We believe that we are created for community.

The first “not good” thing recorded in the Hebrew creation story is for the human being to be alone (Gen 2:18). We need community to become whole. It is where we learn about loving and being loved. So, we are born into families…we are born into community. Unfortunately, many families do not provide the connection, care, and love we need to thrive, and sometimes they become places of hurt and harm. When our communities break down and families become places of abuse, our bodies break down.

But, as Bessel van der Volk attests, “our capacity to destroy one another is matched by our capacity to heal one another. Restoring relationships and community is central to restoring well-being.”

Tikkun Farm offers a place where relationships of trust and healing may be restored. This may begin when a person connects with one of the animals on our farm, shares their story in writing circle and realizes they are in a safe place, begins Spiritual Direction, or feels the changes that happen to their body and spirit after a Healing Touch session. Tikkun Farm supports an intentional community that lives together on the farm shaped by a Rhythm, Ritual and Rule integrating meaningful work, spiritual practices, and regular fellowship. We also welcome those living nearby to join us for sacred gatherings and spiritual experiences intended to support each person on their pilgrim path.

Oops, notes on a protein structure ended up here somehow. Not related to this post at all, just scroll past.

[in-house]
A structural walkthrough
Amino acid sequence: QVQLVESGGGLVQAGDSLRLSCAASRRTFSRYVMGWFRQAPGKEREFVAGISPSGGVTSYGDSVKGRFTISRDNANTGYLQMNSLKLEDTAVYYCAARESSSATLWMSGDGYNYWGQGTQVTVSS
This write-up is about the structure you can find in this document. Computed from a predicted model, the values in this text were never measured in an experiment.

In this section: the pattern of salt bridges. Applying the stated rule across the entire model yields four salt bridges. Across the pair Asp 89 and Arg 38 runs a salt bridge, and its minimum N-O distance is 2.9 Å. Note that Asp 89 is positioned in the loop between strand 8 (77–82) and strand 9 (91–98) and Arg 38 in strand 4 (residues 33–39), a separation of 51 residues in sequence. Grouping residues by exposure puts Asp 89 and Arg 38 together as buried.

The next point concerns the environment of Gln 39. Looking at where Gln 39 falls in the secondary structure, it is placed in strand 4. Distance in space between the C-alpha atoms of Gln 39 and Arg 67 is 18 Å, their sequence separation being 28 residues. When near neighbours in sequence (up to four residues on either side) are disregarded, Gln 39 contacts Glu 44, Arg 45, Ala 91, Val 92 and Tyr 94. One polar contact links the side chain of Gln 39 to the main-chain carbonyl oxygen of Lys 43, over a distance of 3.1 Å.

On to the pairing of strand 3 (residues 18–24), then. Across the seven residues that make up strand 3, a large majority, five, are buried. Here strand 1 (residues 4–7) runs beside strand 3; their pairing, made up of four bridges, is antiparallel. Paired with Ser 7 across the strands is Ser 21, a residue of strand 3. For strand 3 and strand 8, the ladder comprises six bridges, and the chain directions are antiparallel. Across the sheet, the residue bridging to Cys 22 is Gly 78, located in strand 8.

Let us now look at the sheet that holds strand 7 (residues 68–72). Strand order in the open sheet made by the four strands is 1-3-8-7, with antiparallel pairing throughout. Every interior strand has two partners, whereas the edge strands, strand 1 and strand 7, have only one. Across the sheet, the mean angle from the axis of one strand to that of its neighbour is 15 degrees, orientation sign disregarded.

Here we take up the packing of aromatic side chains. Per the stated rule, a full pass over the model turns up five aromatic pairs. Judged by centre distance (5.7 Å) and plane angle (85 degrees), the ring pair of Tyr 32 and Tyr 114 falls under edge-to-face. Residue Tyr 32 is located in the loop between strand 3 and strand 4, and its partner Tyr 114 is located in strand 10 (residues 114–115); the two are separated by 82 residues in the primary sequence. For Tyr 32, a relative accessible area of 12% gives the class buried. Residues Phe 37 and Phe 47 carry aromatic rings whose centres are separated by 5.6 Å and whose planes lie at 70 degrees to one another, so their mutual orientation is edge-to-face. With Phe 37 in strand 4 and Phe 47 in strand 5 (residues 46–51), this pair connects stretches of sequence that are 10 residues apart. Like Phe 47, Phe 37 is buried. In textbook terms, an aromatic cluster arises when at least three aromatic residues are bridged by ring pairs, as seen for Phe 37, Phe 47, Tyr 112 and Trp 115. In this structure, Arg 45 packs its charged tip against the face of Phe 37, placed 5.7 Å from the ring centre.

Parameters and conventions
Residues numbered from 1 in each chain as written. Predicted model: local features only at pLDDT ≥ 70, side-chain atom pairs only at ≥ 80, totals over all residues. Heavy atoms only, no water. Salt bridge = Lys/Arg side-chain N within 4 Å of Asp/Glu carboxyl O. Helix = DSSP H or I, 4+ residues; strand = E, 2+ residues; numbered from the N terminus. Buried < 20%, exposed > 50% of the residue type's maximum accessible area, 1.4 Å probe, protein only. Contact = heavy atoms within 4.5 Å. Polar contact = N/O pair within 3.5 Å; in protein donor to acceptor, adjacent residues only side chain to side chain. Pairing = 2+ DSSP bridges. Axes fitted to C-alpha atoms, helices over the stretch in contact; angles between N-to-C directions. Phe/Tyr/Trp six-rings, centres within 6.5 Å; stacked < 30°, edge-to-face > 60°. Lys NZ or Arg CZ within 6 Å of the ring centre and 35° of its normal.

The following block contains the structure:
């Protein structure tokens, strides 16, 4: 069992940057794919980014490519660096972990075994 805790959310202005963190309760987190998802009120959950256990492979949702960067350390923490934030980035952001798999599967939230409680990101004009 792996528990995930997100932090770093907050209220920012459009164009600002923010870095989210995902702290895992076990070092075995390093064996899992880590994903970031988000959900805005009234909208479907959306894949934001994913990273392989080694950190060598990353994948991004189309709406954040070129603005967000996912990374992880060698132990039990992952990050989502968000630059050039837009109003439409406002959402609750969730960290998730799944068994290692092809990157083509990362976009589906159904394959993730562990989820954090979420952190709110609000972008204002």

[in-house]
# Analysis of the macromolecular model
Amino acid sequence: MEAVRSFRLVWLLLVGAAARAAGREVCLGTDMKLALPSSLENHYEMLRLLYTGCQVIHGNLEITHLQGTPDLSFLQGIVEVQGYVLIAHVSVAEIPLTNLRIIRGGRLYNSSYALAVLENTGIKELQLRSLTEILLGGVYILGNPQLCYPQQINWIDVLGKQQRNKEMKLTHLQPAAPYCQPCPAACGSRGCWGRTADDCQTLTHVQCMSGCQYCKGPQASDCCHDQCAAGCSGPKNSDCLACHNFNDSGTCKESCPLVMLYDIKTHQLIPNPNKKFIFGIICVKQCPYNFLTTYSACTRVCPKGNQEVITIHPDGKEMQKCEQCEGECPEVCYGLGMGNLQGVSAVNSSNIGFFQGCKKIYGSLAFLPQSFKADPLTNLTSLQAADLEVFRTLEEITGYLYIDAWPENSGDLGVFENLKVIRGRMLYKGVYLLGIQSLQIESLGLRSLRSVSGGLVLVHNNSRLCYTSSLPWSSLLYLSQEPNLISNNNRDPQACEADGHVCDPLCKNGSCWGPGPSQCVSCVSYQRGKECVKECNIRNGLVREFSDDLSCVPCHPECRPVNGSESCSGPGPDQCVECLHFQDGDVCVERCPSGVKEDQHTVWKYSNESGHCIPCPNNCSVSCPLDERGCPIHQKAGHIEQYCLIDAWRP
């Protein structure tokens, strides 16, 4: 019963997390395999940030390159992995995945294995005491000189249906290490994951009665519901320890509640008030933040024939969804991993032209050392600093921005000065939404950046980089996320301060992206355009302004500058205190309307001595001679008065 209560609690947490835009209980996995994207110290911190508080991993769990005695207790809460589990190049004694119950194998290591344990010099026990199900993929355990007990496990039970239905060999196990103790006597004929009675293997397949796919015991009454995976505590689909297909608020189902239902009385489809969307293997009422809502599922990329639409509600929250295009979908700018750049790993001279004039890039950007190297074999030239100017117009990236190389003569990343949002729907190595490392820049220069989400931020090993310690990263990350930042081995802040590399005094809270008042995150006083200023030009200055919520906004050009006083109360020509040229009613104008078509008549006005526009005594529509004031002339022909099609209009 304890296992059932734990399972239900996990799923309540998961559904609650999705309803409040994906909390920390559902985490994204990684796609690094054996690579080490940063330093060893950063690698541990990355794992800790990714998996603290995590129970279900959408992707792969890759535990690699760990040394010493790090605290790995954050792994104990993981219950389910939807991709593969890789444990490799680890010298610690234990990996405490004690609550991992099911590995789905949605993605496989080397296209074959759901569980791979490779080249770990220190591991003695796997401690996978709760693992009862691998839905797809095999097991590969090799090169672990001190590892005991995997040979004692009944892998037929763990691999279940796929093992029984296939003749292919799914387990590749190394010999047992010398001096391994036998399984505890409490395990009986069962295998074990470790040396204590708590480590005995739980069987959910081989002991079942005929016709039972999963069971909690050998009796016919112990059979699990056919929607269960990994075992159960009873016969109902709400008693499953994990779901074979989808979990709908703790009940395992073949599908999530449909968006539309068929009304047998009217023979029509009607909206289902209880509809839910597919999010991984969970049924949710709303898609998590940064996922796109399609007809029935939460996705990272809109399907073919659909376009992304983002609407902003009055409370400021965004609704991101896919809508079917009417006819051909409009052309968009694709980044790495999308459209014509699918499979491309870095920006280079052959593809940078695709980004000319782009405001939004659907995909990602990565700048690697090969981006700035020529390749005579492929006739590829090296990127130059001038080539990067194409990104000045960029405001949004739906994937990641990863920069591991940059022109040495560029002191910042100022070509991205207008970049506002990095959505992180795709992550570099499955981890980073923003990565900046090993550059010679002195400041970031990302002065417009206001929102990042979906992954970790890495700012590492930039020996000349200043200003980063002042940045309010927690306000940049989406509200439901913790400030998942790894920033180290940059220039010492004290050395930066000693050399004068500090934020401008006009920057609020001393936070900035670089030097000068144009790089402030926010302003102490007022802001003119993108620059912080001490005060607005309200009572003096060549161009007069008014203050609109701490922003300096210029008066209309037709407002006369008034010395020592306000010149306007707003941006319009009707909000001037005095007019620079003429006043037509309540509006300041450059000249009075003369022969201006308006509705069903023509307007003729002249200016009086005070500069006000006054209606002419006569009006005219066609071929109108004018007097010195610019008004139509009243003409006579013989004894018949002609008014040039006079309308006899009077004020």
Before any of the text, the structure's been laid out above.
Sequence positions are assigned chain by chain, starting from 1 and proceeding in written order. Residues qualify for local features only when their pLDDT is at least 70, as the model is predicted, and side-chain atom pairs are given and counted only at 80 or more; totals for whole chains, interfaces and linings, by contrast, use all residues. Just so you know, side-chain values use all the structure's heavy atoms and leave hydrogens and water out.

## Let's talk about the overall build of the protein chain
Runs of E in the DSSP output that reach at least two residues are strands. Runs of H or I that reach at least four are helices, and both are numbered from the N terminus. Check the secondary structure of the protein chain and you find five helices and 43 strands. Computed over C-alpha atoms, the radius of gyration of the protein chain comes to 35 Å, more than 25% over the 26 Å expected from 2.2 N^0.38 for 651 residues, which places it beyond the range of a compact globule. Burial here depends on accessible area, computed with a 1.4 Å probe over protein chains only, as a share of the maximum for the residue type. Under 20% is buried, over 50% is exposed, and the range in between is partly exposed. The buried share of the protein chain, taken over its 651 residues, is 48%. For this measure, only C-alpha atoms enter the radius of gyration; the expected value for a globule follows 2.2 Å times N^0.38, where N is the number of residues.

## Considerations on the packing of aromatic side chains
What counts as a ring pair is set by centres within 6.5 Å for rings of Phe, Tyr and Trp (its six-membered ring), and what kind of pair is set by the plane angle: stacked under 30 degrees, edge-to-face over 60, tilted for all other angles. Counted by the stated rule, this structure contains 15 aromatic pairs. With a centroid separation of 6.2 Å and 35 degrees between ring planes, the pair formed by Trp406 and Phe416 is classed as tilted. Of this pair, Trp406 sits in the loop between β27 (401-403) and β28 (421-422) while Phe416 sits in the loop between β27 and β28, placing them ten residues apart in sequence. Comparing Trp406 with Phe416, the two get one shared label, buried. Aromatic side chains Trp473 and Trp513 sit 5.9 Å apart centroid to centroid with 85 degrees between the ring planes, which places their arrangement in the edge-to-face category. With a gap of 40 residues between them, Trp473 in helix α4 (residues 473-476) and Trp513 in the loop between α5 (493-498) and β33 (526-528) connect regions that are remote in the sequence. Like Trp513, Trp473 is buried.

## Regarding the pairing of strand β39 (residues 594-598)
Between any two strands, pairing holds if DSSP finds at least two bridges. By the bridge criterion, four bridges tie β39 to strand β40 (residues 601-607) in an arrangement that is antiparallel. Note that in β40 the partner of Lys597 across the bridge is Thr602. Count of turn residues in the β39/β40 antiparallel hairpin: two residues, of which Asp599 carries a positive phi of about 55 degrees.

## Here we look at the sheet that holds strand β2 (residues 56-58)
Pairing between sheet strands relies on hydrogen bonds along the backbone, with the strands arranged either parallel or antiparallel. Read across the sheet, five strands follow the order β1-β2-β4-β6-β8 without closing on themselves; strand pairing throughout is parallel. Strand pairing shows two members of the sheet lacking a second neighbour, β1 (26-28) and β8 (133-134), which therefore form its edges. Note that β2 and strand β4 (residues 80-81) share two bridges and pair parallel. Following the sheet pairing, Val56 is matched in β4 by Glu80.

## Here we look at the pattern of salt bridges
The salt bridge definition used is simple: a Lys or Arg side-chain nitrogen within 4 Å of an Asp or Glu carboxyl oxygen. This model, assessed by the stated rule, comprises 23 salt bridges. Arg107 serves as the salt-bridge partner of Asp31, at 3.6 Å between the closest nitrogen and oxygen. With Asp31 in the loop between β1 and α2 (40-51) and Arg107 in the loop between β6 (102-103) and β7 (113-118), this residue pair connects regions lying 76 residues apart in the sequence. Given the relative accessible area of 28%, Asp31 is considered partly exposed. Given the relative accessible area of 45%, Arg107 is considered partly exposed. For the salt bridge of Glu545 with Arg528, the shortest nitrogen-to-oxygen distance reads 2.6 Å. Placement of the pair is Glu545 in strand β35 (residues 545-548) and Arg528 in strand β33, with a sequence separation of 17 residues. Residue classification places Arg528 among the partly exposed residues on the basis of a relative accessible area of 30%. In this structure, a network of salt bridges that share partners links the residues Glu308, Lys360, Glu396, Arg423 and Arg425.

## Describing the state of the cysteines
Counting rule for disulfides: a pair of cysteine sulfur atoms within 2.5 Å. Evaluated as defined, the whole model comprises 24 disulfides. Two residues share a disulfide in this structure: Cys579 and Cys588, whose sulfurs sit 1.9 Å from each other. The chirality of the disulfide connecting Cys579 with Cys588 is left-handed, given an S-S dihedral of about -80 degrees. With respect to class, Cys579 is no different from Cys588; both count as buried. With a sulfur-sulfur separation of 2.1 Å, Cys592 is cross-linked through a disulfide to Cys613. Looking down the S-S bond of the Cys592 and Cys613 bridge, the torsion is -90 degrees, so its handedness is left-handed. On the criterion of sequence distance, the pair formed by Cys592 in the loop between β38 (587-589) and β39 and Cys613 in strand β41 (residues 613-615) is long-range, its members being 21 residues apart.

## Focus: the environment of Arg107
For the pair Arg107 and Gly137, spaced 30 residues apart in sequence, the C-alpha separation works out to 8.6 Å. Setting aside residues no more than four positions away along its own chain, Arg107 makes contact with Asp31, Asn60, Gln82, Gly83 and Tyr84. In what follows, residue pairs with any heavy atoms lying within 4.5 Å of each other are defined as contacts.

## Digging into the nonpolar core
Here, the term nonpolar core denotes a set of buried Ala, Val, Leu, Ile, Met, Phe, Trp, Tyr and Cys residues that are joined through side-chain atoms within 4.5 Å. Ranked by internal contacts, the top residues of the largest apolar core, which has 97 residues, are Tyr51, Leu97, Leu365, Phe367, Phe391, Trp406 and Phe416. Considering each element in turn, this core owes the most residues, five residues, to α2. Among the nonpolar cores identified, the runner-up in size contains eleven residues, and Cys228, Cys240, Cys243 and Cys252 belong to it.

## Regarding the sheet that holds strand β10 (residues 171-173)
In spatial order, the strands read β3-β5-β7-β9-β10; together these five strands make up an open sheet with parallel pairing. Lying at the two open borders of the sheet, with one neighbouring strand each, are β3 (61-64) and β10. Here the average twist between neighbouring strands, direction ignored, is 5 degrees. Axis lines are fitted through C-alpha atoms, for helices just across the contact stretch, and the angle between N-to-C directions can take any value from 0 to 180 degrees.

Repairing community begins when individuals lean into safe and trusting relationships. Families, classrooms, and neighborhoods benefit as individuals participating in healing work find themselves less triggered and reactive. Neighborhoods, cities, schools, and workplaces also need repairing. The city of Mt. Healthy reflects this need.  The mostly African American, low-income children and youth living in rental properties and the mostly white property owners reveal the polarization found in other communities around the country. Recent events in our nation highlight the need for reconciling experiences in racially divided communities. A desire to contribute to increased justice and equity for people of color shapes Tikkun Farm’s mission, hospitality and programs.